Some Prairie Voles Forget To Be Faithful


Stephen Luntz

Stephen has a science degree with a major in physics, an arts degree with majors in English Literature and History and Philosophy of Science and a Graduate Diploma in Science Communication.

Freelance Writer

97 Some Prairie Voles Forget To Be Faithful
Prairie voles look like they are in love, but bad spatial memories can get in the way. tAubrey Kelly/Cornell University

Male prairie voles that sleep around appear to have poorer spatial memories than those of a more monogamous bent, new research reveals. It is as yet unknown whether cheating voles claim to have forgotten the way home, but if so they can blame their genes.

Prairie voles (Microtus ochrogaster) have garnered interest thanks to the fact that most form life-long, often monogamous, pair-bonds, while a minority of males are highly promiscuous. Their close relatives, meadow voles, however, are entirely promiscuous. Intriguing hormonal differences have been found between prairie voles that appear to determine their sexual behavior and may shed light on human sexuality.


During mating seasons bonded voles establish a home range, while promiscuous voles roam widely. However, although the majority of bonded males stick to their spouse and home, some cheat, establishing a pair bond, but fathering children with neighbors. Around a quarter of pups' genetics indicate they were conceived outside the pair bond.

Noting that the parts of the vole brain that reveal a difference in pertinent hormone receptors are also important in spatial memory, Dr. Steven Phelps of the University of Texas at Austin used radiotelemetry to track the vole's movements. He compared the brains of those whose movements ranged into other voles' territory with those that stayed home.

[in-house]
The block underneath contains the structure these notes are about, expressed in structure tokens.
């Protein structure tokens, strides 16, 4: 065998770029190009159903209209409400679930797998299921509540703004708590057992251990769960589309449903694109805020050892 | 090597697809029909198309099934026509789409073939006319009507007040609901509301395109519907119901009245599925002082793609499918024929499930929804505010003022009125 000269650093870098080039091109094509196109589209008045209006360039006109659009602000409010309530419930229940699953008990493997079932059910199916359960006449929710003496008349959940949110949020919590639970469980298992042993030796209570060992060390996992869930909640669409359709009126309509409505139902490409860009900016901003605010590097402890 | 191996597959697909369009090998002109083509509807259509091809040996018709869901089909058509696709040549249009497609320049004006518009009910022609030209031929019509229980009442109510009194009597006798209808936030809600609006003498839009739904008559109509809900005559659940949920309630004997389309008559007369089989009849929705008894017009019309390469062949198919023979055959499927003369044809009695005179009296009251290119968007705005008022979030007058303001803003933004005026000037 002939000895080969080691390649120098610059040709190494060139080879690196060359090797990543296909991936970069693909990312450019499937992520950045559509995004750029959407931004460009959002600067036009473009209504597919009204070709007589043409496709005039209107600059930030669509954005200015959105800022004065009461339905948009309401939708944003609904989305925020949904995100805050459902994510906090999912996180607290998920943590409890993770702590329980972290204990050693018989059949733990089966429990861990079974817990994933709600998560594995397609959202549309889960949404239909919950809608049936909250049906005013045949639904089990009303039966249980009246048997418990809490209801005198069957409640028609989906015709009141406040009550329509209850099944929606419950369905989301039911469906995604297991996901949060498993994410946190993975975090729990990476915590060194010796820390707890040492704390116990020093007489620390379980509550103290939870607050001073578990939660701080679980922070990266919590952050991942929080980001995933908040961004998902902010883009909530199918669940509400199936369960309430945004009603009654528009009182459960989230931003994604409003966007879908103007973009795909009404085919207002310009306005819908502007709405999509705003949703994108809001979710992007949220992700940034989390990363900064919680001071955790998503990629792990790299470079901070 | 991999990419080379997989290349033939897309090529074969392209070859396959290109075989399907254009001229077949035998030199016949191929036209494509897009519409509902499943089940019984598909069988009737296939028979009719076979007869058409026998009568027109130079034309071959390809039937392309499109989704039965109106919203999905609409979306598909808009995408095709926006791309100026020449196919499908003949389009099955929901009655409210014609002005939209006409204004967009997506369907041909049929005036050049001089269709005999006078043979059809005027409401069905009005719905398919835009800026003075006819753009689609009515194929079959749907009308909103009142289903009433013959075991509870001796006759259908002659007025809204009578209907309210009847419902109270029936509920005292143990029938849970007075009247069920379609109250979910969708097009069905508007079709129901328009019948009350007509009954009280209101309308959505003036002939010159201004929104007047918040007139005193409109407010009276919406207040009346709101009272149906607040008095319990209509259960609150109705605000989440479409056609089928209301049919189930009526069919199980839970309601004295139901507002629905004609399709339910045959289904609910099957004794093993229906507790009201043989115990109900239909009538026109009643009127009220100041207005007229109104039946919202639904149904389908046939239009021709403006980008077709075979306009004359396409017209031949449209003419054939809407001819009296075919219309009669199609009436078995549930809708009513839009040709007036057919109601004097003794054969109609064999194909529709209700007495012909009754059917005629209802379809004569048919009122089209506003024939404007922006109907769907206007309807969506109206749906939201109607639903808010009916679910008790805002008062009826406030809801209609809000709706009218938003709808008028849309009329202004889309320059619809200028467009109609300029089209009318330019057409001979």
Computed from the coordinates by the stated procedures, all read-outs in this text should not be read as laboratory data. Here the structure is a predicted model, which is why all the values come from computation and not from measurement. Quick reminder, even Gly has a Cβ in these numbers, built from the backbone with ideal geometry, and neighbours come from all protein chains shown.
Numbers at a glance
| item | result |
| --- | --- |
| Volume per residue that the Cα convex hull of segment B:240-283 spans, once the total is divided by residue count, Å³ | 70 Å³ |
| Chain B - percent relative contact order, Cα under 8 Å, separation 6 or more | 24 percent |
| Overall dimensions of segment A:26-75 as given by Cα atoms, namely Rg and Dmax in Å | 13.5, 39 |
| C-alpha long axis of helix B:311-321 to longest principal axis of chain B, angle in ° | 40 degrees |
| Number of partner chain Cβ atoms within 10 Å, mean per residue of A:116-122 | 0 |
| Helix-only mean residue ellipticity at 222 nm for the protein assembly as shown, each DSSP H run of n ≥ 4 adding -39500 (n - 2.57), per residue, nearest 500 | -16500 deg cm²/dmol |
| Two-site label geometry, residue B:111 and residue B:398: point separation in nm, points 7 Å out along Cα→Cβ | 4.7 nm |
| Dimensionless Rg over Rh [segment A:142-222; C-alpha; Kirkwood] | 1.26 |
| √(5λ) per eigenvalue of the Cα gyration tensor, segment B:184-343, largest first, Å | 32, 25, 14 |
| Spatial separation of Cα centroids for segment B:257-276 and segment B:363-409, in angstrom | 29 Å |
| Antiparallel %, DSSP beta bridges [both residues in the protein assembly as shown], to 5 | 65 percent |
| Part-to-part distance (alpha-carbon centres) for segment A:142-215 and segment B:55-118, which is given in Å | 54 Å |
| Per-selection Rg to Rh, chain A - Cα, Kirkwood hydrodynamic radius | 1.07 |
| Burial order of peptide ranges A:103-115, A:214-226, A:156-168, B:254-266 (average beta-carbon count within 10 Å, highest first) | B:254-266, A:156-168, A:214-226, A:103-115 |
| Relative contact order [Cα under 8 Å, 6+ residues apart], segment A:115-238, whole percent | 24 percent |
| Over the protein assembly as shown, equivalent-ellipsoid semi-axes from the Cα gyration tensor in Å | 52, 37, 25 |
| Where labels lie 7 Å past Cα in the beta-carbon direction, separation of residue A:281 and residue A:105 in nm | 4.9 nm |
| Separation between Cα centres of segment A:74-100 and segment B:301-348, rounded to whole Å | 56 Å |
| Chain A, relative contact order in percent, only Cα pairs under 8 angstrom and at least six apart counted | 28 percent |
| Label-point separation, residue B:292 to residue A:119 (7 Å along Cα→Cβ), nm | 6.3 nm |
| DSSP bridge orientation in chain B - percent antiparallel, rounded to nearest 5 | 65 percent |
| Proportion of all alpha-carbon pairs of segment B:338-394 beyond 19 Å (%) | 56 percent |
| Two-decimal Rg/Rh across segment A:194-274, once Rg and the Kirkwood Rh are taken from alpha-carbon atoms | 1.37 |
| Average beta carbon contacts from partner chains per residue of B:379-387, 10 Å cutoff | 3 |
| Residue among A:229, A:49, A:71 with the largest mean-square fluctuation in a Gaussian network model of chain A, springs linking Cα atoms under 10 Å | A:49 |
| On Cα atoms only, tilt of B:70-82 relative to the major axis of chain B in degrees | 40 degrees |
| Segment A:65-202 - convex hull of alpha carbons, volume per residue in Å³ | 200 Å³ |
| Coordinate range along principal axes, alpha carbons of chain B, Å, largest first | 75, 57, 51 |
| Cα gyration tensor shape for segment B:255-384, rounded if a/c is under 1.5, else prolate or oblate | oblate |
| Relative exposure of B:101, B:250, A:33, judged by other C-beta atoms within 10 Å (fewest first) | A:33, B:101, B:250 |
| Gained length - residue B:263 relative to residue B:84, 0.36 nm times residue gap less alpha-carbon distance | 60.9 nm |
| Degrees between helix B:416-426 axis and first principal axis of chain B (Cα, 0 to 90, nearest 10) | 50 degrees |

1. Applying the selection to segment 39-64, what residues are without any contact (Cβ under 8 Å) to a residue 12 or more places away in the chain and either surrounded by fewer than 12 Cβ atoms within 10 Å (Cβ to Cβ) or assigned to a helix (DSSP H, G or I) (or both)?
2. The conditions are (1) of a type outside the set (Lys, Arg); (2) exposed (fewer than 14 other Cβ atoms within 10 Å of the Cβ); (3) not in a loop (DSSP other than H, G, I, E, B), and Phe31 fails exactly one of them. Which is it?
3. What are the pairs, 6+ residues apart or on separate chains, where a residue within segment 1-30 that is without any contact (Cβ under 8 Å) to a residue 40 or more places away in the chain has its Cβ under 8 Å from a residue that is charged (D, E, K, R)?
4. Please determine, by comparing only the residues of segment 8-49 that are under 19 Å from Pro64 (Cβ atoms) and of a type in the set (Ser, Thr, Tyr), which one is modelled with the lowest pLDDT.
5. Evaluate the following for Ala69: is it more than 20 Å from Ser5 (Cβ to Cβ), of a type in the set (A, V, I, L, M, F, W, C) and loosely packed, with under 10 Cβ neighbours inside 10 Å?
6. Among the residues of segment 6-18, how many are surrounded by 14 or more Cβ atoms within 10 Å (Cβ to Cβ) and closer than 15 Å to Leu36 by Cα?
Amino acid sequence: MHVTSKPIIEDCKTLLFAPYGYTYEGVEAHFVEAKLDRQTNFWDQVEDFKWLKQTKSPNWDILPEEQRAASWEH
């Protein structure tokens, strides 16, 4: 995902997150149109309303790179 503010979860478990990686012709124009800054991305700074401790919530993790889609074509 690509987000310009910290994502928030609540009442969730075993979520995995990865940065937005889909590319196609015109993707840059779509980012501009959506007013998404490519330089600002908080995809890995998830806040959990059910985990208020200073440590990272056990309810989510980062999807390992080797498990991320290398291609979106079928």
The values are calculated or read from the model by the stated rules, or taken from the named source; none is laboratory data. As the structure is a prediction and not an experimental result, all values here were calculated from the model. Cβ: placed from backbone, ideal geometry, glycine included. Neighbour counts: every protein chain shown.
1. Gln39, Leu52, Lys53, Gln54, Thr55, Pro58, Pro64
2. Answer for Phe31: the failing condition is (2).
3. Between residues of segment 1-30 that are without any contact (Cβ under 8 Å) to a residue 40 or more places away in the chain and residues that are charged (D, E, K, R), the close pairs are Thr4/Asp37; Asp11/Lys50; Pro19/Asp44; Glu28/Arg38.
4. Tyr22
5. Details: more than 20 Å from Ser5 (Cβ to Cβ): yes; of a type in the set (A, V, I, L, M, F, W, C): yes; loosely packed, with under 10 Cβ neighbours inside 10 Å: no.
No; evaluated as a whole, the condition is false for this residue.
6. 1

The single-partner voles have many receptors for the hormone vasopressin in their hippocampus and laterodorsal thalamas, consistent with better spatial memory. This vasopressin-receptor expression is controlled by the version of the avpr1a gene the vole has, Phelps reports in Science.

According to Phelps and his coauthors, it may be this bad memory that leads the voles to roam. "The relationship between spatial memory and sexual fidelity is not clear," Phelps and his coauthors write. However, they point to a theory that poor memory may interfere with males' capacity to remember where they strayed into others' territory and suffered an encounter with an enraged male defending his territory.


"This brain variation isn't just there by chance. It isn't random," Phelps said in a statement. "It's actually something that selection has kept around for a very long time. When it comes to social behavior, maybe there isn't a normal brain."

Being forgetful appears to work out about equal for the voles, which Phelps thinks is why both behaviors persist. Those who stray outside their territory sometimes get to father pups with other partners, but their mate equally often entertains gentlemen callers in their absence. This is in contrast to the males who failed to form a pair-bond at all, who Phelps found in a previous study fathered substantially fewer offspring than the ones that stayed home.

Phelps says his team are yet to confirm the connection by testing the voles' memories, rather than relying on their brain regions. "We're working on it," he told IFLScience, adding that "spatial memory is a plausible hypothesis," given that there is a strong relationship between sexual fidelity in the voles and their use of space, and the differences seen in relevant brain regions.


  • tag
  • Prairie voles,

  • vasopressin receptors,

  • spatial memory,

  • sexual fidelity